October 22, 2020, 12:55:10 pm

CAP Planes Flying Again

Started by etodd, April 22, 2020, 03:36:13 pm

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etodd

CAP National Commander has authorized us to fly all planes once a week, with solo pilot, to help preserve the engines. A12 sortie of 1.5 to 2.0 hours in duration to be flown per aircraft each week until we return to normal operations. Be sure and disinfect the cockpit before and after each flight.

Fantastic. Planes should never sit this long. :)
MS - MO - AP - MP - FRO - ESO

sUAS MP - sUAS Instructor - sUAS Check Pilot

NIN

Quote from: etodd on April 22, 2020, 03:36:13 pmFantastic. Planes should never sit this long. :)

Exactly how long have they sat?
Darin Ninness, Col, CAP
Wing Dude
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Nothing posted on CAPTalk should be considered policy unless otherwise stated
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jeders

Quote from: NIN on April 22, 2020, 06:24:57 pm
Quote from: etodd on April 22, 2020, 03:36:13 pmFantastic. Planes should never sit this long. :)

Exactly how long have they sat?

In our case, the CAP plane has been sitting for about a month. I would go fly today, but we have a 20+ kt direct cross wind. This normally wouldn't be a problem, but the alternate runway is currently being used to store a bunch of American regional jets.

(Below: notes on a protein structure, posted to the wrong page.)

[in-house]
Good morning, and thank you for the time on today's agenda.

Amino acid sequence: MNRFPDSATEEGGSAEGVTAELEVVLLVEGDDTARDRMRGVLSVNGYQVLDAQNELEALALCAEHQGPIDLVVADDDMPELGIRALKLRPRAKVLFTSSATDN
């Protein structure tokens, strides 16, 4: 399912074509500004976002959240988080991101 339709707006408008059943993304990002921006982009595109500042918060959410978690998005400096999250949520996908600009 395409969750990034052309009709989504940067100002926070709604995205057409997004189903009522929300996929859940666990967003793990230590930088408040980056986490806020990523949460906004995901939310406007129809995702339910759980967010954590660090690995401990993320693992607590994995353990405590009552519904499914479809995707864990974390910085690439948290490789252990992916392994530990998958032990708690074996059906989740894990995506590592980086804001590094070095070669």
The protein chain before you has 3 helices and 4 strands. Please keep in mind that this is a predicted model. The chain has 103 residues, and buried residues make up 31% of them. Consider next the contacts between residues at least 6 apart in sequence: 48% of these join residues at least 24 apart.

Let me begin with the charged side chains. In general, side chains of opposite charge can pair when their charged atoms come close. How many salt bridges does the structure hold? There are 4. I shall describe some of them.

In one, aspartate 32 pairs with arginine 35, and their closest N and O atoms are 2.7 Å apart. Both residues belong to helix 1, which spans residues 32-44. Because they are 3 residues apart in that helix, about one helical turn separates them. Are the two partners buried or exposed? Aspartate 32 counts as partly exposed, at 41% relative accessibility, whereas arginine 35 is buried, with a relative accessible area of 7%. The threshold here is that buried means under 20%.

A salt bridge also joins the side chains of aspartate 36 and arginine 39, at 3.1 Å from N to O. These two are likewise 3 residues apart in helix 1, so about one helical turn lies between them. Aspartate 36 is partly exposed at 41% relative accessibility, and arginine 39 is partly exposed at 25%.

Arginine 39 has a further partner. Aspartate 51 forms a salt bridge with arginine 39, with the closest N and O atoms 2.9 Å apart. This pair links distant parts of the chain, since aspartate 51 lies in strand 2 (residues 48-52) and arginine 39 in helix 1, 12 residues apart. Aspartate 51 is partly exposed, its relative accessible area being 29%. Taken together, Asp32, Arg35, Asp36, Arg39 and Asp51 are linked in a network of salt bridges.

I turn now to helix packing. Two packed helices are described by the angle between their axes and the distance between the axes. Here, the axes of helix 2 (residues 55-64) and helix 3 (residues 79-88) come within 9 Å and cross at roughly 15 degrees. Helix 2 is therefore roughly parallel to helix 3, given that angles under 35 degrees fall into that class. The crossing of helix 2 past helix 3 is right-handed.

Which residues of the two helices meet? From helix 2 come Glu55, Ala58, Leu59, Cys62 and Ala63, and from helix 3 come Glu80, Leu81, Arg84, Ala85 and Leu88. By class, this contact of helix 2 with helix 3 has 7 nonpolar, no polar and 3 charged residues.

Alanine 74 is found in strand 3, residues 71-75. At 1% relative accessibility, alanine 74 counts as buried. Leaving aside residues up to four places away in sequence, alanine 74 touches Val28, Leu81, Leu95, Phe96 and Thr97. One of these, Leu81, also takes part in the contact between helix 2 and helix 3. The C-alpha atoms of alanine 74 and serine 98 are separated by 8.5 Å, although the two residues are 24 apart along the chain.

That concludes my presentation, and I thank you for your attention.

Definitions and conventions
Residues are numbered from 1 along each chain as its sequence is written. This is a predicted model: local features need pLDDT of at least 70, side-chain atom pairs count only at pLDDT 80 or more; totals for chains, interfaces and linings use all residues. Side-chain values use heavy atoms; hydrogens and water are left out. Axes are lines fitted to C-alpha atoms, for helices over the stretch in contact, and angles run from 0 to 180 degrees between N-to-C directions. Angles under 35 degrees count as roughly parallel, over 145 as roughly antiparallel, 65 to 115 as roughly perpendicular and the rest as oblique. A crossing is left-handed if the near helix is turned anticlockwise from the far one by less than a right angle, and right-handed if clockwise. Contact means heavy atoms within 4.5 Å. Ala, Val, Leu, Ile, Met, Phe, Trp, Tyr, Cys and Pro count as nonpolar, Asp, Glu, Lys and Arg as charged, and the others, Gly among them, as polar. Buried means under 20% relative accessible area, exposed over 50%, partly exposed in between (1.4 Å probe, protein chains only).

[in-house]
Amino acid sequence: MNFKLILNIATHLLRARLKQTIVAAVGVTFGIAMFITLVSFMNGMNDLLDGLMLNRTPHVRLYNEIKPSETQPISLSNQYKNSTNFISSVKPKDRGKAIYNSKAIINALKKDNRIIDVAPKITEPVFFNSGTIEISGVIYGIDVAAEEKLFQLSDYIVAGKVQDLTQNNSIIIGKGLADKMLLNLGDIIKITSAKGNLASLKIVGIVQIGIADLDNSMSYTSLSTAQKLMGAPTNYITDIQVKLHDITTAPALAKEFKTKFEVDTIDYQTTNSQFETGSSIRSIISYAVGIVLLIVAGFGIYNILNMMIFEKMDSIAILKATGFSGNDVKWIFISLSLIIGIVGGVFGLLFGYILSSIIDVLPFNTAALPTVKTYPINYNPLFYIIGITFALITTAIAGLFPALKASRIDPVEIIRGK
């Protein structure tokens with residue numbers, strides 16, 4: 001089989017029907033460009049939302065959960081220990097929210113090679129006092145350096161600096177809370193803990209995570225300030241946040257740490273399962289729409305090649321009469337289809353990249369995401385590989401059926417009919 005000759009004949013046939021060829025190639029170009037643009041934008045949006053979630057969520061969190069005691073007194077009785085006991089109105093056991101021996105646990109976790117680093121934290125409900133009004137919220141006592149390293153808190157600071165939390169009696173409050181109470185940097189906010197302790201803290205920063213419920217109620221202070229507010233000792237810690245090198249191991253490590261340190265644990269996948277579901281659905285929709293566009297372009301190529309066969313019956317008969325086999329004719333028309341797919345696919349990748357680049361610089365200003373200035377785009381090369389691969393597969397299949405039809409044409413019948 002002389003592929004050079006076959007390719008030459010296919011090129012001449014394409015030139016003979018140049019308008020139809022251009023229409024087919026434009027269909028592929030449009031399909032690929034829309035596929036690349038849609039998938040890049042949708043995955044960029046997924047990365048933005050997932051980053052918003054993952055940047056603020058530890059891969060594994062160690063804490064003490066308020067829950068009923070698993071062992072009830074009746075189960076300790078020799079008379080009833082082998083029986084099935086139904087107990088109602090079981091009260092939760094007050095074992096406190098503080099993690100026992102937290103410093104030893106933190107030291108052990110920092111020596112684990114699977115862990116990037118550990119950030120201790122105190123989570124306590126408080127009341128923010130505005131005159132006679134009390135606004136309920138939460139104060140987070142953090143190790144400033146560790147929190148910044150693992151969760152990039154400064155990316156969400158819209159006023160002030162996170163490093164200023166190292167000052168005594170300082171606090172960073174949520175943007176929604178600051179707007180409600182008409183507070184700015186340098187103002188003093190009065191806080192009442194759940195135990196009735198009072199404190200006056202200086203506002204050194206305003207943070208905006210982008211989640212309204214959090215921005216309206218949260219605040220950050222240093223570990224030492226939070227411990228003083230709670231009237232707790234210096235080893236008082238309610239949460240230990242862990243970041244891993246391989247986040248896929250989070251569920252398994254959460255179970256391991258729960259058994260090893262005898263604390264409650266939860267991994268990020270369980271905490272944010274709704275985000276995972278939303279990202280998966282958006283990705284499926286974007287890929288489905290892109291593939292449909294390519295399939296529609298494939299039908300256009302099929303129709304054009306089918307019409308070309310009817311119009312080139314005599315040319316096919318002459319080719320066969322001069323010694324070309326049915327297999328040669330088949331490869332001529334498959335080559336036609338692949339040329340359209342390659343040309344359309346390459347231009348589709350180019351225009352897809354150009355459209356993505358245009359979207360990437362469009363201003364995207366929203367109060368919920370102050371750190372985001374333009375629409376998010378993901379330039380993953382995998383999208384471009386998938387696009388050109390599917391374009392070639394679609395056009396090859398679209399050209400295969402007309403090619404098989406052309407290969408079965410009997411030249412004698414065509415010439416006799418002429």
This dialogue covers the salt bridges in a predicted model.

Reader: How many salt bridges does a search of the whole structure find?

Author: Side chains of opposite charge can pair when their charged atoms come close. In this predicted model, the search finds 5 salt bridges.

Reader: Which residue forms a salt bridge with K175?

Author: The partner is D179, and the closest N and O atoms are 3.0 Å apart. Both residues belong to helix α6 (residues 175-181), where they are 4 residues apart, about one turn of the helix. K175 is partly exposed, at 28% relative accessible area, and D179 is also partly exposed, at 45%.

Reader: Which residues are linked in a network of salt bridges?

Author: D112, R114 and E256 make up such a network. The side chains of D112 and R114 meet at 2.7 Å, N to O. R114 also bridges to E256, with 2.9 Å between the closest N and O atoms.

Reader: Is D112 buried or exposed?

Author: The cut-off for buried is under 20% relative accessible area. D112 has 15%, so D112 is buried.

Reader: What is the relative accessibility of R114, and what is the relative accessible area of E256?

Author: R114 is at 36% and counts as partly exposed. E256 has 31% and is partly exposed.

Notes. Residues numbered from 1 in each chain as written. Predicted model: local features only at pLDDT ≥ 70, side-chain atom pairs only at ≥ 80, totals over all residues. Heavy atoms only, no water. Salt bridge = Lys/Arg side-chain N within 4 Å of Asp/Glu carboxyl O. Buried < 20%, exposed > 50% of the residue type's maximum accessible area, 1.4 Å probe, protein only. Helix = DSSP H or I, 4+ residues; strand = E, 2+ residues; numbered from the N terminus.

If you are confident in you abilities and experience, whether someone else is impressed is irrelevant. - Eclipse

PHall

Quote from: jeders on April 22, 2020, 06:51:46 pm
Quote from: NIN on April 22, 2020, 06:24:57 pm
Quote from: etodd on April 22, 2020, 03:36:13 pmFantastic. Planes should never sit this long. :)

Exactly how long have they sat?

In our case, the CAP plane has been sitting for about a month. I would go fly today, but we have a 20+ kt direct cross wind. This normally wouldn't be a problem, but the alternate runway is currently being used to store a bunch of American regional jets.

And what's the crosswind limit in the aircraft POM?

jeders

If you are confident in you abilities and experience, whether someone else is impressed is irrelevant. - Eclipse

TheSkyHornet

Quote from: jeders on April 23, 2020, 01:06:35 am
Quote from: PHall on April 22, 2020, 08:18:25 pmAnd what's the crosswind limit in the aircraft POM?